PORT-AU-PRINCE (Reuters) - U.S. troops pulled a man alive from the rubble of a collapsed building in Haiti’s destroyed capital on Tuesday, two weeks after a massive earthquake rattled the country.
The 35-year-old man, covered in dust and dressed only in underpants, was carried out from the ruins of a building in downtown Port-au-Prince and was driven off for medical treatment. He did not appear to have any serious injuries.
The rescue, exactly 14 days after the magnitude-7.0 earthquake killed as many as 200,000 people, came as the U.S.-led relief effort was focused on getting help to hundreds of thousands of survivors left homeless, hungry and injured.
Brazilian U.N. peacekeeping troops fired tear gas at a frenzied crowd of thousands of Haitians crowding a food handout outside the wrecked presidential palace as delays in getting help to earthquake survivors persist.
“They’re not violent, just desperate. They just want to eat,” Brazilian Army Colonel Fernando Soares said. “The problem is, there is not enough food for everyone.”
Facing persistent complaints by survivors that the huge amounts of aid flown in to Haiti is not reaching them on the ground, U.S. and U.N. troops and aid workers have widened and intensified the distribution of food and water.
Some of the food handouts in the capital have turned unruly, although the United Nations said the overall security situation in the city remained stable.
It said about 60 percent to 70 percent of Haiti’s police force has returned to work.
At the presidential palace on Tuesday, U.N. troops with shotguns handed out sacks of rice with American flags on them. Armored trucks formed a cordon to control the crowd and people were searched as they entered the checkpoint.
“Yesterday they gave us rice, but there was not enough. There were too many people,” said Wola Levolise, 47, who is living in the camp with her nine children.
The World Food Program said it handed out 60 tons of food at the camp but ended the distribution early when the crowd got out of control.
“The vast majority of distributions in Haiti are being carried out in an orderly manner. There are isolated, regrettable incidents but these are the exceptions and not the rule,” a WFP spokesman said.
The U.N. agency said it has delivered nearly 10 million meals to almost 450,000 people since the quake.
Unsanitary living conditions in Port-au-Prince have raised fears of an outbreak of disease.
So far, doctors on the U.S. Navy hospital ship Comfort anchored offshore said they had seen only one case each of typhoid and dysentery, and several of tetanus and malaria.
In a bid to get the economy going, the United Nations is offering 150 gourdes ($3.77) a day plus food rations to those willing to take two-week jobs clearing rubble from roads and removing waste that posed a potential health threat to those sleeping on the streets.
More than 5,500 Haitians had already started the jobs, using shovels, hammers, wheelbarrows and trucks to load debris and haul it to landfills, the agency said.
The U.S. military said it could scale back its involvement within three to six months as other international organizations assume larger roles providing security and disaster relief. It does, however, plan to help build a 5,000-bed hospital to provide longer-term care to quake victims.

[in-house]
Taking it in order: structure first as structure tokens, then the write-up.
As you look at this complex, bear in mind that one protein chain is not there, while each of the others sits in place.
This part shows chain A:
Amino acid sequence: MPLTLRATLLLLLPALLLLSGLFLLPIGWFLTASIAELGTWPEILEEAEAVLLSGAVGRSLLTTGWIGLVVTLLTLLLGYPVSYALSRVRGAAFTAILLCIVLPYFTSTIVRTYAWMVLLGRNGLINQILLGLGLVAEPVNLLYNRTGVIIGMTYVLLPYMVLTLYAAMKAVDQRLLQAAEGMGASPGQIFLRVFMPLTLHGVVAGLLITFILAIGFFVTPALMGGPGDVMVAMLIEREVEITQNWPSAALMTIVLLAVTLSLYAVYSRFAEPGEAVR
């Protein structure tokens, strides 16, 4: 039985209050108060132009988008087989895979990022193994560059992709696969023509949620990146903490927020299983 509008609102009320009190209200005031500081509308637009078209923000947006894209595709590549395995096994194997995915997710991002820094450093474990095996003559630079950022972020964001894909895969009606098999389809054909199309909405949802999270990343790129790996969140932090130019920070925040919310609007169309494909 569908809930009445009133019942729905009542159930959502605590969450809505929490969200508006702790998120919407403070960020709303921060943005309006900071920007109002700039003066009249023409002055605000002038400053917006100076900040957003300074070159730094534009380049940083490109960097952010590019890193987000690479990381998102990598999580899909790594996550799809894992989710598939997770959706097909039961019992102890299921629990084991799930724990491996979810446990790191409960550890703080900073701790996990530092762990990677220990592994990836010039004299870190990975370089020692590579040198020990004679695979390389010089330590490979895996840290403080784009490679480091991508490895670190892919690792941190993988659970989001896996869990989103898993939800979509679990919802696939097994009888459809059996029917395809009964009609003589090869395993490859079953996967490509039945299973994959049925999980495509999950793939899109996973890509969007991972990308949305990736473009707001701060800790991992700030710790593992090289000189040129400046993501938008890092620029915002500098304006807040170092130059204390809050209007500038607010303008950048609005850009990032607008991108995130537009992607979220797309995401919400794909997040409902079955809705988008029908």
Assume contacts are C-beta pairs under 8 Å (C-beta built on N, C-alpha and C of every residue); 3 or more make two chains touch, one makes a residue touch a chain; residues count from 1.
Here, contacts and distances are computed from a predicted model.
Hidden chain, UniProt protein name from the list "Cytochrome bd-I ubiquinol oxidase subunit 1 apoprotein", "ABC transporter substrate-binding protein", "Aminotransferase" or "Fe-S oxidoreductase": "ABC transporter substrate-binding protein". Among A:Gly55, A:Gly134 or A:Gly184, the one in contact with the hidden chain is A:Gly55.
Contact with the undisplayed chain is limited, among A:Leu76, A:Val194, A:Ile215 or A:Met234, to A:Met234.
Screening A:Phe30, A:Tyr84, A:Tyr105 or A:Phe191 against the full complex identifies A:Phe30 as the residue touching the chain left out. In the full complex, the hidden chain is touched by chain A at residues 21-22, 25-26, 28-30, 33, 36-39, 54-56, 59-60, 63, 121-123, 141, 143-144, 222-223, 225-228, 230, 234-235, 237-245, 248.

The United States has dispatched more than 15,000 military personnel to Haiti. About 4,700 are deployed on the ground with the rest on ships off the coast.
There were signs the ruined capital was slowly returning to life. A city garbage truck hauled away piles of rubbish at a makeshift camp near St. Peter’s Church and a long line snaked outside a bank in the suburb of Petionville. A street market along Rue Geffrard in Port-au-Prince was crowded and chaotic.
The capital’s destroyed downtown commercial area, however, had few open shops. Scavengers picked at smashed buildings for planks of lumber, steel bars and other building materials.
Authorities are trying to relocate at least 400,000 survivors from more than 400 makeshift camps across Port-au-Prince to temporary tent villages outside the city.
Health Minister Alex Larsen said 1 million Haitians had been displaced from their homes in the wrecked capital. The government had tents for 400,000 to be used in the new, temporary settlements, but said it would need 200,000 more.
The need for tents is especially urgent due to the upcoming rainy season, which begins in April.
Almost daily aftershocks have shaken Port-au-Prince since the quake, raising the possibility the city might have to be rebuilt on a safer location, away from geological fault lines.
The United Nations said the exodus of quake victims out of the capital has slowed to a trickle, with less than 1,000 leaving over the past day. Since the quake about 236,000 people have left for the countryside but the United Nations said most had moved in with relatives and large-scale shelter wouldn’t be needed.
Donors scheduled an international pledging conference at U.N. headquarters in New York in March.
Additional reporting by Jackie Frank, Matthew Bigg, Joseph Guyler Delva and Carlos Barria in Haiti, Randall Palmer in Montreal; Writing by Eric Beech; Editing by Kieran Murray and Doina Chiacu